Sun-Dried Tomatoes: Health Benefits and Nutrition Facts
Sun-dried tomatoes have become a popular ingredient in many cuisines over recent years. But what exactly are sun-dried tomatoes, and what nutrition and health perks do they offer?
This article explores how sun-dried tomatoes are made, their stellar nutritional profile, and the key health benefits you can gain by eating them. Let’s show why these shriveled red beauties deserve a permanent place in your pantry!
What Are Sun-Dried Tomatoes?
Sun-dried tomatoes are produced by picking ripe, fresh tomatoes at peak flavor, then dehydrating them using natural sunlight until the moisture evaporates. This concentrates the taste and nutrition into an intensely flavored final product.
To make them, tomatoes are washed, halved, or quartered, then placed outside on mesh racks or trays for several days to 2 weeks. The tomato pieces are brought inside at night and back out daily, allowing slow, complete drying by the sun’s heat.
Some producers may use a combination of sunlight and mechanical dehydrators to control the process. The finished, sun-dried tomatoes are leathery, shriveled, and intensely red.
They are valued for their concentrated, almost candy-like tomato essence. Store dried loose or packed in oil. They can be eaten as-is for snacking or easily rehydrated by simmering in liquid for cooking.
Next, let’s explore why sun-dried tomatoes are so nutritionally powerful.
Nutrition Profile of Sun-Dried Tomatoes
Although the drying process reduces the vitamin C content, sun-dried tomatoes retain and often concentrate many other important nutrients:
Here is the nutrition profile of sun-dried tomatoes:
|Protein||2.5g per 1⁄4 cup||💪|
|Dietary fiber||2g, or 6% DV||🍎|
|Potassium||270mg, or 8% DV||🍊|
|Iron||1.25mg, or 7% DV||🩸|
|Vitamin K||21mcg, or 17% DV||💊|
|Vitamin A||285 IU, or 6% DV||👀|
|Calcium, phosphorous, zinc, copper, manganese||For bone strength, immunity, metabolism||🦴|
|Phenolic acids||Antioxidants that protect cells||🔋|
Sun-dried tomatoes supply a wealth of nutrients and disease-fighting compounds for their tiny size!
The Top Health Benefits of Sun-Dried Tomatoes
Here are some of the biggest ways that eating sun-dried tomatoes can boost your health:
1. Sun-Dried Tomatoes Reduce Cancer Risk
Multiple studies indicate the lycopene in sun-dried tomatoes lowers the risk of developing prostate, breast, lung, and stomach cancers. It restricts tumor growth by halting cell mutation.
2. Sun-Dried Tomatoes Support Heart Health
The nutrients in sun-dried tomatoes improve cholesterol levels, lower blood pressure, and prevent atherosclerosis by discouraging plaque build-up in arteries. This protects against heart attack and stroke.
3. Sun-Dried Tomatoes Strengthen Bones
Sun-dried tomatoes provide vitamin K, calcium, manganese, and other bone-benefiting nutrients. This reduces bone loss and the risk of osteoporosis as you age.
4. Sun-Dried Tomatoes Improve Blood Health
With plentiful vitamin K and iron, sun-dried tomatoes encourage proper blood clotting while preventing deficiency and anemia.
5. Sun-Dried Tomatoes Enhance Immunity
Despite losing some vitamin C, sun-dried tomatoes still supply antioxidants to fight free radicals and strengthen the immune response against disease and viruses.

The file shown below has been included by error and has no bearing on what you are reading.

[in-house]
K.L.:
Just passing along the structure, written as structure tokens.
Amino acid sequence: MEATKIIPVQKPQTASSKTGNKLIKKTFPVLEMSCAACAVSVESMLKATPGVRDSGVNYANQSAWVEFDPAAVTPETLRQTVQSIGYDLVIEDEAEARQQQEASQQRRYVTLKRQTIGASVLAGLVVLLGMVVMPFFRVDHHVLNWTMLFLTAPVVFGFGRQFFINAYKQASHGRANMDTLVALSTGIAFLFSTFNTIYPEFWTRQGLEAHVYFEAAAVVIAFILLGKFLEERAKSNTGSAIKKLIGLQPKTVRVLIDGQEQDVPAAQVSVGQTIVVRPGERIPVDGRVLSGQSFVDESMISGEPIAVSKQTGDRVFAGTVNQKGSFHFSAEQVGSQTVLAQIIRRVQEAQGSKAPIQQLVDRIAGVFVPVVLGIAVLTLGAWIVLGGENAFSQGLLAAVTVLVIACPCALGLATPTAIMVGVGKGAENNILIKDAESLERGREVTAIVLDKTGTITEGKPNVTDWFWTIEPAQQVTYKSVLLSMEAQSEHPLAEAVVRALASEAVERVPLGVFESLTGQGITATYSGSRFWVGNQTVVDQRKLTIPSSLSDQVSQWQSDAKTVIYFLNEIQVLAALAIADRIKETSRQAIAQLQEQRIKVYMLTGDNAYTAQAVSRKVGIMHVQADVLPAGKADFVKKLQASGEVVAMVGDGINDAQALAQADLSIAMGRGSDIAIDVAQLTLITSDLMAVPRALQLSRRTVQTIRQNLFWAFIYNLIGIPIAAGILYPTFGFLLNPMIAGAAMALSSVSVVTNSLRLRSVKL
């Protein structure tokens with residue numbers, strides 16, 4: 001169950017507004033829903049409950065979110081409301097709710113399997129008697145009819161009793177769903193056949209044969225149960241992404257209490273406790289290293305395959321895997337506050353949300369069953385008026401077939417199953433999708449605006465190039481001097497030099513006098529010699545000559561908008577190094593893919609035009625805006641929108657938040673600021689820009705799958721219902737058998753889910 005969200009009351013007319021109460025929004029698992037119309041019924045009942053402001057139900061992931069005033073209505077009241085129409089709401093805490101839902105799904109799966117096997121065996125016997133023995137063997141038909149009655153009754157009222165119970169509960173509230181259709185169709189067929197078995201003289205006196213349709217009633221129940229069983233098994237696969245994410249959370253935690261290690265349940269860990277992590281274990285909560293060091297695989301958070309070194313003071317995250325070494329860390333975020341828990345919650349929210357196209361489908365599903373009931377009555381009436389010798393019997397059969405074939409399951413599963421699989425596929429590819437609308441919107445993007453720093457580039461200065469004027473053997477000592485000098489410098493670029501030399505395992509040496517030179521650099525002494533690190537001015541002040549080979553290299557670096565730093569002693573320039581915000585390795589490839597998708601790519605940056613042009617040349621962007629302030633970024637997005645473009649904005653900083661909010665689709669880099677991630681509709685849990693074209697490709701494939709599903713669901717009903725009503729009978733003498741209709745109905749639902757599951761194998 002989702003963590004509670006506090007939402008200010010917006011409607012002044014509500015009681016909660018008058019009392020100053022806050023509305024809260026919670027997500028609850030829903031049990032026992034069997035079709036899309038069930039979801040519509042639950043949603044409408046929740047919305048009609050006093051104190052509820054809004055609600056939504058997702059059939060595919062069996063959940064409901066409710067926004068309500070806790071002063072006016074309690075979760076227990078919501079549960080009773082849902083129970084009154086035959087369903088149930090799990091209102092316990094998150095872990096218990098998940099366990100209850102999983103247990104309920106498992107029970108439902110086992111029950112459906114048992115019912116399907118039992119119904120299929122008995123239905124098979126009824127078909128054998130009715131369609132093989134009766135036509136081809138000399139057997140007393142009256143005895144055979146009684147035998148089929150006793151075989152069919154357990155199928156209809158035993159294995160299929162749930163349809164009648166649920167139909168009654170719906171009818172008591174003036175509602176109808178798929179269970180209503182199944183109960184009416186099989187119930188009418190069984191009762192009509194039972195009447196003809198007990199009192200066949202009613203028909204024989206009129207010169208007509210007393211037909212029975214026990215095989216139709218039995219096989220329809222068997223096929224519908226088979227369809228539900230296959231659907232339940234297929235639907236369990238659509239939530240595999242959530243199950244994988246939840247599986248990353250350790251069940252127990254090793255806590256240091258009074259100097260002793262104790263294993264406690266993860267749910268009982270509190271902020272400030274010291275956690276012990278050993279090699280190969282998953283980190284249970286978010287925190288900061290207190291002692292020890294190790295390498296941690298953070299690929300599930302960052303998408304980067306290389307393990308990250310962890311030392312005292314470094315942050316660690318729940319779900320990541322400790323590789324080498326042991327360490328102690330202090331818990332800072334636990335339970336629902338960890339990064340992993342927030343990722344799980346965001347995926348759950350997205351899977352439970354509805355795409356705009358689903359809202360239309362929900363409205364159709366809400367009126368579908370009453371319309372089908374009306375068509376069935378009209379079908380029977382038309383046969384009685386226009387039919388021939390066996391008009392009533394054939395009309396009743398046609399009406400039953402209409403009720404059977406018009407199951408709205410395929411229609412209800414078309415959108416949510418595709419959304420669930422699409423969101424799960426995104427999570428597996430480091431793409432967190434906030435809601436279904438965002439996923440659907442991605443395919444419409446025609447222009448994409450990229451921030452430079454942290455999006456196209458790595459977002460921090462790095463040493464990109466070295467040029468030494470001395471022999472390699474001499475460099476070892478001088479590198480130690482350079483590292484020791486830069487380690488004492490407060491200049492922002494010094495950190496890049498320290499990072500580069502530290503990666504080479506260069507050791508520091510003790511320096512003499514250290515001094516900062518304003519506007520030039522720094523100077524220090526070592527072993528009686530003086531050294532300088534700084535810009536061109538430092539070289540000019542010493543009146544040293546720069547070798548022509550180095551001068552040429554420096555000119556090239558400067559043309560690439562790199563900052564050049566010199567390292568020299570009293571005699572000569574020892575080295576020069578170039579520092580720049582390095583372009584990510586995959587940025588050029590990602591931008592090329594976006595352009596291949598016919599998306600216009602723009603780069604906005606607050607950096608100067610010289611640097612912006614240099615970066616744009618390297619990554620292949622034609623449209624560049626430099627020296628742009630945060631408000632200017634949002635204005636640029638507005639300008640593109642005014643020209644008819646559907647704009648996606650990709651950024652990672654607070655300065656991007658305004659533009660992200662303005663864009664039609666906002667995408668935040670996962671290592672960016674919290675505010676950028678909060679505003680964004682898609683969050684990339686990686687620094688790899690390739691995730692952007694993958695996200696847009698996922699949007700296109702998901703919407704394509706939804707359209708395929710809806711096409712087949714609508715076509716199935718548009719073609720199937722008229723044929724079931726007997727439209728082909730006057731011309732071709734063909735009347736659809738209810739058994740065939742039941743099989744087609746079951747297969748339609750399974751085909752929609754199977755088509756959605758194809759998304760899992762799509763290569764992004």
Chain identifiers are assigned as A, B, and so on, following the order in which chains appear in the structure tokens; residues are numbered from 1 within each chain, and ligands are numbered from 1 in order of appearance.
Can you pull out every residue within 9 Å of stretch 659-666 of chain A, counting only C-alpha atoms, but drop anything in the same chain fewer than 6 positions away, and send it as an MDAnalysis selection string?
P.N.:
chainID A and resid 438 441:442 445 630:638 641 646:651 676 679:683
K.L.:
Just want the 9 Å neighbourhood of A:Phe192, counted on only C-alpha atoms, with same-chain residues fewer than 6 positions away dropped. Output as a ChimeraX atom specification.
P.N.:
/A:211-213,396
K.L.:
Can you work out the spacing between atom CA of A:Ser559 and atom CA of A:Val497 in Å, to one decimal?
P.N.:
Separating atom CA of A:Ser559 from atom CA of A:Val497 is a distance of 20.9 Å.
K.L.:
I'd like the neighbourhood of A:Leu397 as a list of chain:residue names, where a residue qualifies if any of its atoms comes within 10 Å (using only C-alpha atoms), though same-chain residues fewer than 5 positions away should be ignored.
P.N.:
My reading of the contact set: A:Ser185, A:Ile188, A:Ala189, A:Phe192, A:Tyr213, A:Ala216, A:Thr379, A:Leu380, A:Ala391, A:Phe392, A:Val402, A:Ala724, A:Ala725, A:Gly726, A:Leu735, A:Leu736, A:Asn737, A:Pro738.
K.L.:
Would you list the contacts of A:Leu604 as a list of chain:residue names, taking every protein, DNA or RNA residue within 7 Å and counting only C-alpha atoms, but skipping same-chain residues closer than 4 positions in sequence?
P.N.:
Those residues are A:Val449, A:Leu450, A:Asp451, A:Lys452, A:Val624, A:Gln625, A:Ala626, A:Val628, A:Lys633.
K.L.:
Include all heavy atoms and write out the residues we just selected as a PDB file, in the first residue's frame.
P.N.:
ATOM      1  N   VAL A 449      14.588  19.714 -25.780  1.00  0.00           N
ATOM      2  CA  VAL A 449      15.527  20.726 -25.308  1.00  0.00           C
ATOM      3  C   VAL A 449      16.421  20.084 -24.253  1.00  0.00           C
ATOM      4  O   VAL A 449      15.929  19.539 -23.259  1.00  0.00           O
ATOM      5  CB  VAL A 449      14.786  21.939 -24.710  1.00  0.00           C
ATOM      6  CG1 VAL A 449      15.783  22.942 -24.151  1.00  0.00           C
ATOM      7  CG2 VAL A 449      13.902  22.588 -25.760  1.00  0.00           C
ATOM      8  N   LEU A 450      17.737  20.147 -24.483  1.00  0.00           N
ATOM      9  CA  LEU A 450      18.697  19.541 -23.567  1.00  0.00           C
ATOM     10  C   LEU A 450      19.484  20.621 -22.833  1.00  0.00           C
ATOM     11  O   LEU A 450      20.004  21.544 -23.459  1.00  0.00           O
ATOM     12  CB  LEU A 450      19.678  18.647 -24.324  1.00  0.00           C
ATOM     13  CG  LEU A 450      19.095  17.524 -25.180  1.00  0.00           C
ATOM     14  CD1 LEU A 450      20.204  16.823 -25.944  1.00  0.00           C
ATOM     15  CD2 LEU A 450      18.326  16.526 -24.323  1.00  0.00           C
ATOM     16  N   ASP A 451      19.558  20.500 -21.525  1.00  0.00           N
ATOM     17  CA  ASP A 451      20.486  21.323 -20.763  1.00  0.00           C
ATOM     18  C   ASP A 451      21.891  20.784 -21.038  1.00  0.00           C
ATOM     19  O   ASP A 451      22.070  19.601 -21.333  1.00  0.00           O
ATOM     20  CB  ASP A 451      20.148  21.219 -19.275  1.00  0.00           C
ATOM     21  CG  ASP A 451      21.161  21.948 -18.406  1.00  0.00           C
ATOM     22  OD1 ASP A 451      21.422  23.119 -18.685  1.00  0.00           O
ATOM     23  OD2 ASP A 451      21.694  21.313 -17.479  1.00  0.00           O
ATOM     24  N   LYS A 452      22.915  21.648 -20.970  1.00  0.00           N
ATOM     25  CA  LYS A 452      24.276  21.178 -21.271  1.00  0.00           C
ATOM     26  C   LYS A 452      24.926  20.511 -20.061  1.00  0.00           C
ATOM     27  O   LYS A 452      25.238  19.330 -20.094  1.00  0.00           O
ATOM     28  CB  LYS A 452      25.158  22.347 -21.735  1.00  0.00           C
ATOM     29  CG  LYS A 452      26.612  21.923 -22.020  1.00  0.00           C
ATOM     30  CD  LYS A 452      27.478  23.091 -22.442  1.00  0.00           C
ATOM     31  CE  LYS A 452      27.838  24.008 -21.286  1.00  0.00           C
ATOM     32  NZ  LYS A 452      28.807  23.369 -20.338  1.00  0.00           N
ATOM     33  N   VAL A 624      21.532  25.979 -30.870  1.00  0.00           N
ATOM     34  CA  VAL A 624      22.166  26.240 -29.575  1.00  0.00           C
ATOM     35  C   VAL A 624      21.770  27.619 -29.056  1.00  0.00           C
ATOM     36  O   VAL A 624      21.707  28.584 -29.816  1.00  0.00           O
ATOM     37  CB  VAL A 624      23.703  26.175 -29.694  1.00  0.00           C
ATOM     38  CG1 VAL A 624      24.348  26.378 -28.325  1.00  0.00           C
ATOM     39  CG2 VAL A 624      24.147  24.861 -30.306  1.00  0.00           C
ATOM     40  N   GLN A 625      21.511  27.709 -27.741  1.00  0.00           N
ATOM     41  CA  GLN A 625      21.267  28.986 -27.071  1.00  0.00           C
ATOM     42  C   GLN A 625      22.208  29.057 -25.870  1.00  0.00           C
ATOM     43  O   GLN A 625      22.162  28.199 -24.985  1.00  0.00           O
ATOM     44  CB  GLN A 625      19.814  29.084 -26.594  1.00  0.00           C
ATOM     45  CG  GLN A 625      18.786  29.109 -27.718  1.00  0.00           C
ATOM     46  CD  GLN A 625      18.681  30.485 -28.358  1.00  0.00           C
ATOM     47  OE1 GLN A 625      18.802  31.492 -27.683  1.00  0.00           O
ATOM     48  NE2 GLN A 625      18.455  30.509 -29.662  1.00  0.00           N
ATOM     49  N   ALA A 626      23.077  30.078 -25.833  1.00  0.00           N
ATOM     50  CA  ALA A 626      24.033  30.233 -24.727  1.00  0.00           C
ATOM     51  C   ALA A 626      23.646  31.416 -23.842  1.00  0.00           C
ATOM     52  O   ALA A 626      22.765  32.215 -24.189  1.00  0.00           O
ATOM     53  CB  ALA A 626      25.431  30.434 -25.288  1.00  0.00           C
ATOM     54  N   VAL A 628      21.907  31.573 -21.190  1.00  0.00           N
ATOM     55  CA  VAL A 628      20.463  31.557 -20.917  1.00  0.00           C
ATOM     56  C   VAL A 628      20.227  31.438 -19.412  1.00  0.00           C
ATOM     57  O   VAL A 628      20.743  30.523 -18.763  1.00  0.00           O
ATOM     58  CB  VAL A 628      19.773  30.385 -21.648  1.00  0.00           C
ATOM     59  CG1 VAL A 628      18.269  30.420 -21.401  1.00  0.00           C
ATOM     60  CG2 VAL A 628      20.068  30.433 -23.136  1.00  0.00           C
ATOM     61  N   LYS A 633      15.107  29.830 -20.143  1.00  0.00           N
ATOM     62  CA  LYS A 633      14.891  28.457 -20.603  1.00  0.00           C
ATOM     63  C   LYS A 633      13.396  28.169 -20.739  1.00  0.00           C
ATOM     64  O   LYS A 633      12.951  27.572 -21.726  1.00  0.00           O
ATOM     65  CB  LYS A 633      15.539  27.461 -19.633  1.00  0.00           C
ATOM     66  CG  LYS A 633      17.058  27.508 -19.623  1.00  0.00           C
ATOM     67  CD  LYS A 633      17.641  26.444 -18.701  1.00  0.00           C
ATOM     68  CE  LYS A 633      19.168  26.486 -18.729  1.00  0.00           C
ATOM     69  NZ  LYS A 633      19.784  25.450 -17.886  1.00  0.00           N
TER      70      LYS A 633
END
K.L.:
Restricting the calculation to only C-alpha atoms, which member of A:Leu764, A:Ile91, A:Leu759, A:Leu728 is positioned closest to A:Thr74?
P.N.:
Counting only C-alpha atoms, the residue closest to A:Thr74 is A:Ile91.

6. Sun-Dried Tomatoes Aid Digestion
The fiber in sun-dried tomatoes promotes regularity, gut health, and healthy elimination. It also creates beneficial short-chain fatty acids via gut bacteria.
7. Sun-Dried Tomatoes Protect Eye Health
Lutein, zeaxanthin, and vitamin A in sun-dried tomatoes ward off macular degeneration and age-related vision loss.
8. Sun-Dried Tomatoes Preserve Youthful Skin
Antioxidants in sun-dried tomatoes defend skin cells against UV sun damage, wrinkle formation, and accelerated aging. Lycopene shields skin from burning.
Treat yourself to sun-dried tomatoes for whole-body nourishment!
Sun-Dried Tomato Uses and Preparation Tips
Sun-dried tomatoes offer versatility in the kitchen. Here are some serving suggestions:
- Add chopped sundried tomatoes to grain bowls, pasta, pizza, omelets, sandwiches, casseroles, and salads.
- Stuff with goat cheese or cream cheese for easy appetizers.
- Purée into a smooth paste to swirl into hummus, bean dips, or pasta sauce.
- Slice thin and enjoy nuts, cheese, or crackers as a snack.
- Rehydrate in simmering liquid like broth, wine, or juice for stews, soups, and braises.
- Coarsely chop and mix into tuna or chicken salad along with artichokes, olives, and herbs.
- Sprinkle on top of avocado toast or bruschetta.
- Simmer in olive oil to infuse flavor, then store in the infused oil.
- Bake into savory scones, muffins, slices of bread, or baguettes.
With a bit of creativity, it’s easy to incorporate sun-dried tomato nutrition into daily meals!
How to Make Your Sun-Dried Tomatoes
Want to DIY? Here are some tips for making sun-dried tomatoes at home:
Select ripe, unblemished Roma, paste, or plum tomatoes, which hold their shape better than juicy slicers. Beefsteak or heirlooms work too.
Wash tomatoes. Cut in half lengthwise or slice 1⁄4 to 1⁄2 inch thick. Remove seeds if desired. Brush with olive oil and season.
Dry on Sun
Place tomatoes cut-side up on mesh trays in direct sunlight. Bring trays indoors overnight. Repeat sun-drying for several days until completely shriveled.
Optional Oven Drying
If the weather is unreliable, finish tomatoes in the oven at 200°F for 2-3 hours, flipping halfway through.
Cool completely, then pack dried tomatoes in olive oil in airtight containers. Refrigerate for up to 3 weeks or freeze for months.
You can create your delicious sun-dried tomatoes with simple supplies and sunny weather!
Important Sun-Dried Tomato Selection Tips
Not all sun-dried tomatoes are created equal when it comes to quality. Keep these tips in mind:
- Inspect carefully for mold, moisture, or stickiness. Dried tomatoes should be leathery and dry.
- Avoid added preservatives like sulfites, which can trigger reactions in some people.
- Look for “dry packed” instead of “oil packed” for a healthier choice without excess oil.
- Opt for tomatoes dried naturally in the sun over types dried with artificial heat.